Breast Cancer in men is rare and represents 1% of all male cancers. The median age for men to develop breast cancer is 65-71 years old (in females it occurs about 10 years earlier). African American males have highest incidence and Hispanics have the lowest.
Hormonal factors definitely play a role and there are many risk factors you should be aware of. Risk factors include, Klinefelter Syndrome, high estrogen states, low testosterone states, liver disease, testicular injury, head injury resulting in hyperprolactinemia, prostate cancer, young men treated for lymphoma with chest irradiation, genetic predisposition and family history.
"Presentation of breast cancer in males is usually as a mass, discovered by the patient in 60 percent of cases," says Candace Dyer, MD, director, The Breast Health Center at Kent. "Nipple discharge is always pathologic."
The most common diagnosis of breast mass is Gynecomastia (about 90 percent) and is usually bilateral. Diagnosis with men is similar to the diagnosis of women. First you will have a clinical exam (most common presentation) which usually prompts follow-up studies such as ultrasound and MRI. Biopsy should be concerned in men with unilateral enlargement of breast in the appropriate age group. Because of the low incidence, mammography is not used for screening in men.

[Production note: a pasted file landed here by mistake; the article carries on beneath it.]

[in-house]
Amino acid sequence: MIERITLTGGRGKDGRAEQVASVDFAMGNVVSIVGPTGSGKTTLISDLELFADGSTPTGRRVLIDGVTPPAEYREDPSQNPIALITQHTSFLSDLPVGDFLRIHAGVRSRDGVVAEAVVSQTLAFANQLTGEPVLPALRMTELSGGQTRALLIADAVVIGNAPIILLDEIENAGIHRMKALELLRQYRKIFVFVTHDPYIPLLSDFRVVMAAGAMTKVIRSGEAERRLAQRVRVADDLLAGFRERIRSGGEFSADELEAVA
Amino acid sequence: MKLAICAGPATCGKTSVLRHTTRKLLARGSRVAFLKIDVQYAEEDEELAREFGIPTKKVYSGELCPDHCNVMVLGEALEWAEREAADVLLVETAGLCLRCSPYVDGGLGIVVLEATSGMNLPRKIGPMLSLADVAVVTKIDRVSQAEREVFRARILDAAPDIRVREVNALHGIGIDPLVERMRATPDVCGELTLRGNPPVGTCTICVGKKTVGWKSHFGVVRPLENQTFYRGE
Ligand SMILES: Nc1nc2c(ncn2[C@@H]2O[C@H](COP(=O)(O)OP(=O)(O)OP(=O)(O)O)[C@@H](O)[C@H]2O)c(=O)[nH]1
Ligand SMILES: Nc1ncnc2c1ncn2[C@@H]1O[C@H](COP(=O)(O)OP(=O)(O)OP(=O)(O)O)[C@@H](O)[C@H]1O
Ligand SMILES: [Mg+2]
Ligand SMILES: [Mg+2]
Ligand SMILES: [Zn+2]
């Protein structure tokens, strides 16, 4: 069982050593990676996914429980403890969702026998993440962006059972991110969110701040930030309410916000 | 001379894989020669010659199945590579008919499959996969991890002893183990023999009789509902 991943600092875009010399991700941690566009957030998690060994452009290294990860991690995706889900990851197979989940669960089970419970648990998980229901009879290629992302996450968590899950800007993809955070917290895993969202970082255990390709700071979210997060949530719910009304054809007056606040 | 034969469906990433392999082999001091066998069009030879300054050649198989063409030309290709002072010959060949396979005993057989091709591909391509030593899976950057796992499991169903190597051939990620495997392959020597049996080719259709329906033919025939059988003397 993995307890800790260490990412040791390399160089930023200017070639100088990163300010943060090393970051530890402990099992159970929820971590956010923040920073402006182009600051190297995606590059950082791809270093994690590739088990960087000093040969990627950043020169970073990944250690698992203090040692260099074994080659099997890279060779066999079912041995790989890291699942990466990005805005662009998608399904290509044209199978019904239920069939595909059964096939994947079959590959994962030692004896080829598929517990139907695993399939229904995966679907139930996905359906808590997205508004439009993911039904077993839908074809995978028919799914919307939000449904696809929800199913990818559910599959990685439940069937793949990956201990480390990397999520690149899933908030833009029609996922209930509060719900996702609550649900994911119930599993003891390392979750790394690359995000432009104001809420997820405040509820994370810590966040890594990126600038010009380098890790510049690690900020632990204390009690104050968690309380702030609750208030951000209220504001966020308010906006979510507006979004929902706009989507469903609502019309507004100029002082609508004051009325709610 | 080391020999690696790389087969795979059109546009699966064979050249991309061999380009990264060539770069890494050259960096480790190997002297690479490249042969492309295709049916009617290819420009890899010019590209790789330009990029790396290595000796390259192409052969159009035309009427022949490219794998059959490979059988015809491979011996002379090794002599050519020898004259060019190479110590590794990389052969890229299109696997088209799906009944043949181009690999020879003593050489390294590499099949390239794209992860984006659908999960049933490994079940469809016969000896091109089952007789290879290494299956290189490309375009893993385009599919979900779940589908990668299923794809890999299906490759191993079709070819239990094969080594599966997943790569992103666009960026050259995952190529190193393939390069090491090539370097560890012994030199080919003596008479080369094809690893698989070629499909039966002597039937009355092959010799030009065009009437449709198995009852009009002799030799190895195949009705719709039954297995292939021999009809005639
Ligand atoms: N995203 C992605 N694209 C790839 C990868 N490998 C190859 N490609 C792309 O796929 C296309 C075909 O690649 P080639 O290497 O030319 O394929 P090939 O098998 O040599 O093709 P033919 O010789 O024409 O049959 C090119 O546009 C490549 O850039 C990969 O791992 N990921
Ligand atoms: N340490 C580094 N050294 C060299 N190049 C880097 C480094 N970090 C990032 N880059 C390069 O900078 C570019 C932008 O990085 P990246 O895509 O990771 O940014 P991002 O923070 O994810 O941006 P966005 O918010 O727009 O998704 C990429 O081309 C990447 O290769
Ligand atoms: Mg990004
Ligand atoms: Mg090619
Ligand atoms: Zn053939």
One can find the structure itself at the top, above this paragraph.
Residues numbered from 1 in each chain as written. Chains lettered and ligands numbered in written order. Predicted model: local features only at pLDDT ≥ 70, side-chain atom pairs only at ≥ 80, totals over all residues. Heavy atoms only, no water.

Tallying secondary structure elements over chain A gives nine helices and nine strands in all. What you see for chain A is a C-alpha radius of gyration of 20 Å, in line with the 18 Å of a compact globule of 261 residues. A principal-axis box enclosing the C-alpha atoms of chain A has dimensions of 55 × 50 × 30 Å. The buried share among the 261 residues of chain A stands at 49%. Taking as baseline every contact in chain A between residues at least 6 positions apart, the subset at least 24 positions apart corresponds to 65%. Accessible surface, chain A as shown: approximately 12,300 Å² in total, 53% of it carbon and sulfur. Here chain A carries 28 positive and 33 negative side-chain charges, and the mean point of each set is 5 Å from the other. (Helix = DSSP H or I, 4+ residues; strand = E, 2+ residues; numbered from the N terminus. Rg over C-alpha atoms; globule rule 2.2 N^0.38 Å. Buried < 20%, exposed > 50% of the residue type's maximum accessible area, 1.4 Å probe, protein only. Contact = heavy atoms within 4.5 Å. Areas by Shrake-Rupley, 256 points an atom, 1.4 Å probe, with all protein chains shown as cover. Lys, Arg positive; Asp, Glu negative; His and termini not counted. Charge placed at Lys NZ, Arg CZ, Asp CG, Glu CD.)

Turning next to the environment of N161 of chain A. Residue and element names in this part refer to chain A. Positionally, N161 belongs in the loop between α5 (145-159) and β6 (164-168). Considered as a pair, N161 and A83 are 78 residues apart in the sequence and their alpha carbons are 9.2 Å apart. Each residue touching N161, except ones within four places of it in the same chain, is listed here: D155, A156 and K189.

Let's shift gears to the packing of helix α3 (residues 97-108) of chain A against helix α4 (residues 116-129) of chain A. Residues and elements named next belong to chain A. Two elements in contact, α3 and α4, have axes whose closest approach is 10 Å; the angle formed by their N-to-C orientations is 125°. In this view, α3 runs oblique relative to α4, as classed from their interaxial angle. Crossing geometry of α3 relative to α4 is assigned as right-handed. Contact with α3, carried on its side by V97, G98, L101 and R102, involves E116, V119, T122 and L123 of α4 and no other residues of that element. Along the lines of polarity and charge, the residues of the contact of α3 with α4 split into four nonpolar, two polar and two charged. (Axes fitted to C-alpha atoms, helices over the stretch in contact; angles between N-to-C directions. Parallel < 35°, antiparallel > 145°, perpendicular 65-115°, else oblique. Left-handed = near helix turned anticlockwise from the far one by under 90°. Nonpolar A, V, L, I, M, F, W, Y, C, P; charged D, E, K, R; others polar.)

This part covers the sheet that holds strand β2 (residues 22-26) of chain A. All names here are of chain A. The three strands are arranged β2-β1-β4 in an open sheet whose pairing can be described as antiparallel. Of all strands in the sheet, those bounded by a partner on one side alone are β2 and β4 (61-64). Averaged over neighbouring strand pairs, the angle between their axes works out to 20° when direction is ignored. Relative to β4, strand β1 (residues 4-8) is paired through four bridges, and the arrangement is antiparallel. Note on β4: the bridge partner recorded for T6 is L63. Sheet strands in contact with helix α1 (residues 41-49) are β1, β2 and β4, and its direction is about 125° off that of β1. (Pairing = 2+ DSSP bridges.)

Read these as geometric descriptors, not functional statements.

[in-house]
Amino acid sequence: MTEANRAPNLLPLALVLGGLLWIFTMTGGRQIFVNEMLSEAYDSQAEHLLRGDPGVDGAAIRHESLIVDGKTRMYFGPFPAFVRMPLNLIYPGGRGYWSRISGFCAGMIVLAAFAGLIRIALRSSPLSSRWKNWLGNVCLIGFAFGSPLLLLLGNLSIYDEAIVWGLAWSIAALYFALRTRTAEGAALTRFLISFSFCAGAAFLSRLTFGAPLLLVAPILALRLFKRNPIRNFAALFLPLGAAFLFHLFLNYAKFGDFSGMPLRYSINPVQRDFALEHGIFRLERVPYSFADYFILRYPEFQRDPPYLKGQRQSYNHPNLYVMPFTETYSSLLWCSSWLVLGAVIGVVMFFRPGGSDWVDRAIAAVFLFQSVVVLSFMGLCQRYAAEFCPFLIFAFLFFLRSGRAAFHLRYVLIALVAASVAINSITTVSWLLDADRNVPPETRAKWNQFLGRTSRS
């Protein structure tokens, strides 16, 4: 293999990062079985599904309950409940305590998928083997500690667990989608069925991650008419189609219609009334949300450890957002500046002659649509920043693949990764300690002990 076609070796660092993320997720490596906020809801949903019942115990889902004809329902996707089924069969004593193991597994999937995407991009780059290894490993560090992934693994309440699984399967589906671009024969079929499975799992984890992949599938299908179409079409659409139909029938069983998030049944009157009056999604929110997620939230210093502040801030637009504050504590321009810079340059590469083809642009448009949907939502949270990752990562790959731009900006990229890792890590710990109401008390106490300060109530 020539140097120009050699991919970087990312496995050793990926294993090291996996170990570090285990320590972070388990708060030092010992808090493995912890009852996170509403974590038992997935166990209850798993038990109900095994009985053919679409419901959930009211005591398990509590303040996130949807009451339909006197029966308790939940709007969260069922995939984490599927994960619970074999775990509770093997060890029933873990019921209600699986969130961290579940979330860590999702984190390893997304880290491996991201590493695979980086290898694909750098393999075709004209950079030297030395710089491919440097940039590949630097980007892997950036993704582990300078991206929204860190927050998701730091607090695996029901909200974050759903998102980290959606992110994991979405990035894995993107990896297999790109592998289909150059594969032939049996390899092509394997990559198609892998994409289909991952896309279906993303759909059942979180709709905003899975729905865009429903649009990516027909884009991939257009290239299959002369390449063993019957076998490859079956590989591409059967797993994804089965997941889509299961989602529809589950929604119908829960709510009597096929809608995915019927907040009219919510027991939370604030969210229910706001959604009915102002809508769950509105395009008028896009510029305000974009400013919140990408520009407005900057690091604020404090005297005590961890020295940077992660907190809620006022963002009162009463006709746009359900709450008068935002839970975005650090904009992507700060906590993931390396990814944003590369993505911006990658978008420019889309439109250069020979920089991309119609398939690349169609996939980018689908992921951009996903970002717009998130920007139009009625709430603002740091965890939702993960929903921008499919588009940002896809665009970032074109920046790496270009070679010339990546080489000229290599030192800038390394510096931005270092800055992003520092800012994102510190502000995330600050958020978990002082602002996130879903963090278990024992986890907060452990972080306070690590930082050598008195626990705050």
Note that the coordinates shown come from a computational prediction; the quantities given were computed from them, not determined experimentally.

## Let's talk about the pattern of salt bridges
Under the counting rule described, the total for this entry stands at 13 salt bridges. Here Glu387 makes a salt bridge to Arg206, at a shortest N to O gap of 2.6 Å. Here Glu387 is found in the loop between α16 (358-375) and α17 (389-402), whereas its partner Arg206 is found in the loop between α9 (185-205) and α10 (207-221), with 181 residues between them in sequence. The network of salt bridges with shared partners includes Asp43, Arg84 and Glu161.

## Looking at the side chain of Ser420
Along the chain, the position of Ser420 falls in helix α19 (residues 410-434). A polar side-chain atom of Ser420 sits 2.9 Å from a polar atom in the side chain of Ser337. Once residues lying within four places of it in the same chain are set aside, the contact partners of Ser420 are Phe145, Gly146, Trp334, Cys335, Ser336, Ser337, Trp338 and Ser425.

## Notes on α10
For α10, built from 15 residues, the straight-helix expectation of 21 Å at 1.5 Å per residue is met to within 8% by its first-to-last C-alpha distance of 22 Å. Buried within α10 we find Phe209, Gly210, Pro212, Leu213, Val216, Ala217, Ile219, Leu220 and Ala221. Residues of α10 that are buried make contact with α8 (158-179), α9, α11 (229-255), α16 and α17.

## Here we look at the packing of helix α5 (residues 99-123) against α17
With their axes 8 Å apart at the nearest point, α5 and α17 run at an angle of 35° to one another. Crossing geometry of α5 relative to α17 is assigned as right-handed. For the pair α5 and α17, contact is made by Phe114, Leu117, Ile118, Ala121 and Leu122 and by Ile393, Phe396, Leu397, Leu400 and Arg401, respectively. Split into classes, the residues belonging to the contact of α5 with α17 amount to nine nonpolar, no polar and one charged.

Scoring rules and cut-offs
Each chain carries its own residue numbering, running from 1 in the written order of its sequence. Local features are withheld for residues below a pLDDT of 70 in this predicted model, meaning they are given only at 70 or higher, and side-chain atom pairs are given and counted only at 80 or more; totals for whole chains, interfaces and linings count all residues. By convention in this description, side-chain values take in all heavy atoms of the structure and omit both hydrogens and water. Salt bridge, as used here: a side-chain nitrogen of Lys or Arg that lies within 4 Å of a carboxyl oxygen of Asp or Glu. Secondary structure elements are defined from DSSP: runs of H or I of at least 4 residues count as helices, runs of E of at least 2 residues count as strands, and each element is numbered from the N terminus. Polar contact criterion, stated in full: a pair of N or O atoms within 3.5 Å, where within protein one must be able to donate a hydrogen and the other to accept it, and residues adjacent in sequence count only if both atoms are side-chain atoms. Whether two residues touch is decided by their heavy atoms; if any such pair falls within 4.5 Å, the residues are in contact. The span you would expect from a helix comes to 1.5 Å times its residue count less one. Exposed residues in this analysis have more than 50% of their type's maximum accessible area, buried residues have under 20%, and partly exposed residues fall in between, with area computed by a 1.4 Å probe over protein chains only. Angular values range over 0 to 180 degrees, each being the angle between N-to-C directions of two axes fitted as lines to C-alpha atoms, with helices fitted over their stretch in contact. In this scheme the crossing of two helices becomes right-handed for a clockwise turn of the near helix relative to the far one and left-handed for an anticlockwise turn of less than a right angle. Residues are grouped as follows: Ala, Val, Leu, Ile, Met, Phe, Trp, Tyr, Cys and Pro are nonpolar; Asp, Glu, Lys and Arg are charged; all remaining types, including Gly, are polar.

Treatment for breast cancer in men is similar to treatment for women, except breast conservation is rarely utilized because of the small amount of breast tissue and because of the central location and close proximity to nipple areolar complex.
Radiation is recommended for locally advanced disease and possible bone metastases. Systemic therapy is usually tamoxifen (an estrogen antagonist). Chemotherapy is used for stage II, III, IV disease.
Prognosis for men is the same as for females in regards to staging, but males present more frequently with stage II or later disease, so overall may have a worse prognosis.